October 6, 2019
The Rev. Ian Burch
St. Mark’s Episcopal Church | Milwaukee, WI
I’m not a big fan of Thanksgiving. It was never much of a holiday in my home growing up, and as an adult, either Travis or I spent most of our Thanksgivings on call for teens in crisis in his case or the emergency room for mine. We tended to decline invitations, and we seldom invited people over to our home. In fact, I remember many Thanksgivings eating pizza and watching long BBC period adaptations that could easily be paused in case one of us was called out of the house.
So, last year, we tried something different. We invited two sets of friends over and made a proper meal. The house was cleaned, and we spent the day kind of lounging, taking long fall walks, and, importantly, turning on the Macy’s Thanksgiving Day Parade. I hadn’t seen this since I was probably eight years old, and with all due respect to fans, I’m not sure I’d been missing a lot. I sort of half listened to the breathless reporting on the provenance of the Snoopy balloons and watched B actresses lip sync to post-war Christmas songs. It was fine. What caught my attention, though, was a pretty serious blasphemy right in the middle of the festivities.
When a float or a marching band or the cast of a broadway musical would stop and kind of do their 60 second finale for the camera, they were standing under this enormous sign that said Macy’s, and under it, in gold lettering, it said Believe! That’s all. Just believe. What, precisely, am I to be believing in? Retail? Santa Claus? The Rockettes? The sign was short on details. It just said, “believe.” What was Macy’s doing mucking around in the territory of the church?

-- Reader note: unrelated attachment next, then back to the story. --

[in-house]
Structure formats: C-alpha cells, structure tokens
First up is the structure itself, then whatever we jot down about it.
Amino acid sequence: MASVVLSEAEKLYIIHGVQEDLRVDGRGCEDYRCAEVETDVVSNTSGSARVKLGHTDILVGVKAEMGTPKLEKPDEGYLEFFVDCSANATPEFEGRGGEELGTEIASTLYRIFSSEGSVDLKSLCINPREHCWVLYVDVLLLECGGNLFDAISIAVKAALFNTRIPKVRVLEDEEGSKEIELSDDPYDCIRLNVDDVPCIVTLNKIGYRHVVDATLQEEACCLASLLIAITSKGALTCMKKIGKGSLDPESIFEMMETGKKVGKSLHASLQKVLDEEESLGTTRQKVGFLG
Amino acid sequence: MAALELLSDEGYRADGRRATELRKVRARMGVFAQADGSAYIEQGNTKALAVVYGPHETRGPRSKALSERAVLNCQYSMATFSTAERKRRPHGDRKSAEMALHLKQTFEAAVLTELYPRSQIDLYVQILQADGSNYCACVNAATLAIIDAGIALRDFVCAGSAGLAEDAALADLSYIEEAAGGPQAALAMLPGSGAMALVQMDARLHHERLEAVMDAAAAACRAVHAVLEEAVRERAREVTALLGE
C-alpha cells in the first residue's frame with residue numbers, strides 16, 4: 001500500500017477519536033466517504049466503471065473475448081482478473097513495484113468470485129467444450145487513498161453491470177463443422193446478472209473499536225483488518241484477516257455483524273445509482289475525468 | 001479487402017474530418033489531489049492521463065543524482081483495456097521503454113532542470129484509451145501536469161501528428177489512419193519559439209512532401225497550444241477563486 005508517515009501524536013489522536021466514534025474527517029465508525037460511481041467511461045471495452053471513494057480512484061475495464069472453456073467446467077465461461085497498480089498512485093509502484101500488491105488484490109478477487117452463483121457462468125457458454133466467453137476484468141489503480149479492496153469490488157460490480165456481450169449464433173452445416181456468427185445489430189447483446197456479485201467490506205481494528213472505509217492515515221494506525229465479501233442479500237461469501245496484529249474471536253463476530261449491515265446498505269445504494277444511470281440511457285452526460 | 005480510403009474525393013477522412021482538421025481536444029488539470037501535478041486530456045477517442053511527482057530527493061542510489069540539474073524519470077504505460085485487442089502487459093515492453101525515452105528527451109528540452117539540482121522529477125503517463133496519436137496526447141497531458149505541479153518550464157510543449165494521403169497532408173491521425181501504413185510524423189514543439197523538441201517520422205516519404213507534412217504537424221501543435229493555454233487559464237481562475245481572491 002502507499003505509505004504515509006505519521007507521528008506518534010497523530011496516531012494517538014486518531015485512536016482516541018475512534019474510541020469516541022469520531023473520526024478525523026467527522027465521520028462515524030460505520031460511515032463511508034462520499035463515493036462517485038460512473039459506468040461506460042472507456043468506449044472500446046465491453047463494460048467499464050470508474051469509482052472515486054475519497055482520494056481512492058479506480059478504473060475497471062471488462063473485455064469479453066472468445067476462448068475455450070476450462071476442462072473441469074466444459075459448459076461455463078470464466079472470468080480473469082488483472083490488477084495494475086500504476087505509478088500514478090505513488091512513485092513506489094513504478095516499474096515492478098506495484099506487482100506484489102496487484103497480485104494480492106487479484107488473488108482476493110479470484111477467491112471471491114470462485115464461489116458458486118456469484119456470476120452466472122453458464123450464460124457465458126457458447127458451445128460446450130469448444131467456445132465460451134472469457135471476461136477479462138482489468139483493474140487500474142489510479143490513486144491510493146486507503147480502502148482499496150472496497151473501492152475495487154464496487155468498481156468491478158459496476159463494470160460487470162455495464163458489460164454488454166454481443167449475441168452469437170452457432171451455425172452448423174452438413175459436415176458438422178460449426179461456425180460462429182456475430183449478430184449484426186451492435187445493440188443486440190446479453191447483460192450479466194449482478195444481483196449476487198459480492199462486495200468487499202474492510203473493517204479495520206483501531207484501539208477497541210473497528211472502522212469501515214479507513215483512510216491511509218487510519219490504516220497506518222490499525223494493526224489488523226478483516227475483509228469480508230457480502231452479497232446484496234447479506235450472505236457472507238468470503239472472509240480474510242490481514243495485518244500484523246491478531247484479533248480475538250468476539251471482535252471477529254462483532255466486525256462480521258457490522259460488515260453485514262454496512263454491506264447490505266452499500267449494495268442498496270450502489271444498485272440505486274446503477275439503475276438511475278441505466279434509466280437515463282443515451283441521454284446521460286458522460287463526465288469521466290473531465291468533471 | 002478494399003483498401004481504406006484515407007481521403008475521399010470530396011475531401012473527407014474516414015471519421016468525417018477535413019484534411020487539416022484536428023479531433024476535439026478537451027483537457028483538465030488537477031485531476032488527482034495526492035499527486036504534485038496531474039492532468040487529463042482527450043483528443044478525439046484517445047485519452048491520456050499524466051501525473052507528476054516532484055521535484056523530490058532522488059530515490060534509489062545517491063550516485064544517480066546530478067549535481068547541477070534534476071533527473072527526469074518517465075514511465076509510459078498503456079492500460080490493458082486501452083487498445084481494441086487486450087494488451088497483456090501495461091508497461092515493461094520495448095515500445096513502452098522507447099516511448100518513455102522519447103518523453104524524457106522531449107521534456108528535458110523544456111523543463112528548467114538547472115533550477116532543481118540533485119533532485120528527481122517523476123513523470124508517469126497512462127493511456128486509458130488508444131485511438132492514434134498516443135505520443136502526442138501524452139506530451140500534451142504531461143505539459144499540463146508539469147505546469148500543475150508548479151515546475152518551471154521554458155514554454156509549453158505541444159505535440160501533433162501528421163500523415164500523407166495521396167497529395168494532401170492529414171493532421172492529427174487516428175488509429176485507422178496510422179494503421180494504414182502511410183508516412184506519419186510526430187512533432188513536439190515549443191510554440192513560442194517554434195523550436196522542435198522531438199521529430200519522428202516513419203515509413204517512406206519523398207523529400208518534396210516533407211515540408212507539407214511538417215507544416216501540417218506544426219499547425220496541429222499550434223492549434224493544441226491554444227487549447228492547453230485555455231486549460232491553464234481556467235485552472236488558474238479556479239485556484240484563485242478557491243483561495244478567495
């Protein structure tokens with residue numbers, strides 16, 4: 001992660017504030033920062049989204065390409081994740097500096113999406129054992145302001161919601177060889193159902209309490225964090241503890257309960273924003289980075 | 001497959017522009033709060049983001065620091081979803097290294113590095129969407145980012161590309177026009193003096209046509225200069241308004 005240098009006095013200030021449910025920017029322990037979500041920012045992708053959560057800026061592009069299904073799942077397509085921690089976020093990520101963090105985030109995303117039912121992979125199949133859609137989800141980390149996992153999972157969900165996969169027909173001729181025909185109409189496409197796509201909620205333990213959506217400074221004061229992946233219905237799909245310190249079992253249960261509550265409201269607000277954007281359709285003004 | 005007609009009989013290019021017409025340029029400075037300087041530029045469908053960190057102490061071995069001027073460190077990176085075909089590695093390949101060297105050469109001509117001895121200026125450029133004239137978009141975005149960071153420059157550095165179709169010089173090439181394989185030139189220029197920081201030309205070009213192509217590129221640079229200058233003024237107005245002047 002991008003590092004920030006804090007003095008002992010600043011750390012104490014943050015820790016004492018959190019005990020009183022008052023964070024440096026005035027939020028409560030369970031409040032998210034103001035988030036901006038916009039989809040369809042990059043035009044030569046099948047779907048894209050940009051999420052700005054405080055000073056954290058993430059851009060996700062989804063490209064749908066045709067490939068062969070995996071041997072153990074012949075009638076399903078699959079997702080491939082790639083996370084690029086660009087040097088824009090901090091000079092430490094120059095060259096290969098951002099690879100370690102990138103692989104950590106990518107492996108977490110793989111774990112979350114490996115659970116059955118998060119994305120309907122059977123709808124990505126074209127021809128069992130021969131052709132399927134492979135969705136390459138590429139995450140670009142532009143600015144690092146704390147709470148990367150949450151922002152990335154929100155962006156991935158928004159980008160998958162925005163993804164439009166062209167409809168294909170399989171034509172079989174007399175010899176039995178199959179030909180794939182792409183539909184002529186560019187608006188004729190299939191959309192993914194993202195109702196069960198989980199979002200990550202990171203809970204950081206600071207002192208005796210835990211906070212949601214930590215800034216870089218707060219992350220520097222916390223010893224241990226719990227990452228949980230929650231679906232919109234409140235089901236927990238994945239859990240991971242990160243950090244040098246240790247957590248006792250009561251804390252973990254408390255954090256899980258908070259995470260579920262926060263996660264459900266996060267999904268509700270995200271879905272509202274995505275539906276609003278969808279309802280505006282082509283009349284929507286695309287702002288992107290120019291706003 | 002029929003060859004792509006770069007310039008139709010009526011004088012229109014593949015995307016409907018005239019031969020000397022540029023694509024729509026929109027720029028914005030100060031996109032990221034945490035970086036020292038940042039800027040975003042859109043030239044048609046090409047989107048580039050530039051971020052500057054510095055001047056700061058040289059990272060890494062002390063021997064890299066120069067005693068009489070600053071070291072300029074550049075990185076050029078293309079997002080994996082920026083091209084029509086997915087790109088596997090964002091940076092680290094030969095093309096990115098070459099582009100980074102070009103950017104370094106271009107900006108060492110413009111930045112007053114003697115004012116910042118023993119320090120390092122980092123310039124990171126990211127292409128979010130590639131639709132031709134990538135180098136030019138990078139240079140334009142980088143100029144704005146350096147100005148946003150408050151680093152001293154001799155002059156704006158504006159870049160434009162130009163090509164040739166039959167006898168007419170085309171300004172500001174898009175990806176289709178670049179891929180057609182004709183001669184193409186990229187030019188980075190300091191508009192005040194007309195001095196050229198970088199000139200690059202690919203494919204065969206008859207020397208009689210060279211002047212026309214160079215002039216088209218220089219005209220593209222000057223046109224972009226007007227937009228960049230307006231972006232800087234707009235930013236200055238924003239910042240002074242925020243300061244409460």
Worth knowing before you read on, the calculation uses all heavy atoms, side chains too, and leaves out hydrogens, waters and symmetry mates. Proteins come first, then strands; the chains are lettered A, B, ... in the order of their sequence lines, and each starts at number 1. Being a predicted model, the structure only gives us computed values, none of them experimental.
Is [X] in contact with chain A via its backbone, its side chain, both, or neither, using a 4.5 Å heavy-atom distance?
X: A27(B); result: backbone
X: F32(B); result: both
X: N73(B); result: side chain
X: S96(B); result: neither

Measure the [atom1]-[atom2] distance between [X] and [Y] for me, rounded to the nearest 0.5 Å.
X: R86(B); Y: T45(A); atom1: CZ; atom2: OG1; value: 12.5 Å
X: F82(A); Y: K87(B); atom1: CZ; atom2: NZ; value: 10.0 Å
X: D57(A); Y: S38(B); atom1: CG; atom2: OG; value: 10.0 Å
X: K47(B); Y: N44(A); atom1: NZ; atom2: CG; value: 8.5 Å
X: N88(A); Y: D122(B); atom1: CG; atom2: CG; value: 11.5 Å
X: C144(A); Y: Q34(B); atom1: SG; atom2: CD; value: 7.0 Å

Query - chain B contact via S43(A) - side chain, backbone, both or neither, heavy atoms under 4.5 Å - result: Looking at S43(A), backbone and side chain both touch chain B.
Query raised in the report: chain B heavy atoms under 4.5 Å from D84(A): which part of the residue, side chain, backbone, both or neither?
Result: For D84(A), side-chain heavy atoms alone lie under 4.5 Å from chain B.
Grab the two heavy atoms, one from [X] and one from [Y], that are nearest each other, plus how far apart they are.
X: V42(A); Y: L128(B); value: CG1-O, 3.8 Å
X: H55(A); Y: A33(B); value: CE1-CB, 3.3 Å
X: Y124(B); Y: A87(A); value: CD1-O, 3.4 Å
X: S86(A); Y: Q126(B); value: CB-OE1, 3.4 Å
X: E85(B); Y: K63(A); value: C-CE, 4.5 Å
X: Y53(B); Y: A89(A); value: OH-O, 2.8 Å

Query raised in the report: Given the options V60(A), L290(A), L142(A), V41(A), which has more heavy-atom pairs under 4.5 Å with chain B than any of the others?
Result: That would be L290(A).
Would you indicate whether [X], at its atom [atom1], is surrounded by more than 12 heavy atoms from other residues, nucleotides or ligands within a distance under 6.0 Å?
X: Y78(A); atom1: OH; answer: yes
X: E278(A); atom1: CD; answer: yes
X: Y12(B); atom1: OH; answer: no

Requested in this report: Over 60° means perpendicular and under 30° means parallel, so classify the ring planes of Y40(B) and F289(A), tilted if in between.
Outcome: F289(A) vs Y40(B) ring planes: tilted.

The disciples come to Jesus this morning asking that their faith be increased. And who, really, can’t relate to that. I have days where my belief in the goodness of God is practically bursting out of me, and I have other days where I ask with other characters in the Bible, Where are you God?
Jesus gives them a typically cryptic and now-famous answer about needing only the faith of a mustard seed to accomplish the impossible. Sometimes Christians have read this as almost a recipe for magic — if I could only have the proper kind of faith, I could move a mountain or levitate or do something supernormal out of a comic book. This is one reading, but I don’t think it’s the best one. A preacher I really admire once said that “God resources God’s vision.” I like that. The task in front of us as Christians might seem impossible, but we can do it with a little faith. In response to the disciple’s question of faith, Jesus provides the insight of the mustard seed and then an allegory about working in the fields. Do you really thank a servant for doing what a servant was supposed to do in the first place? Do you really thank a Christian for doing what a Christian was supposed to do in the first place? That’s Jesus’ somewhat bracing point.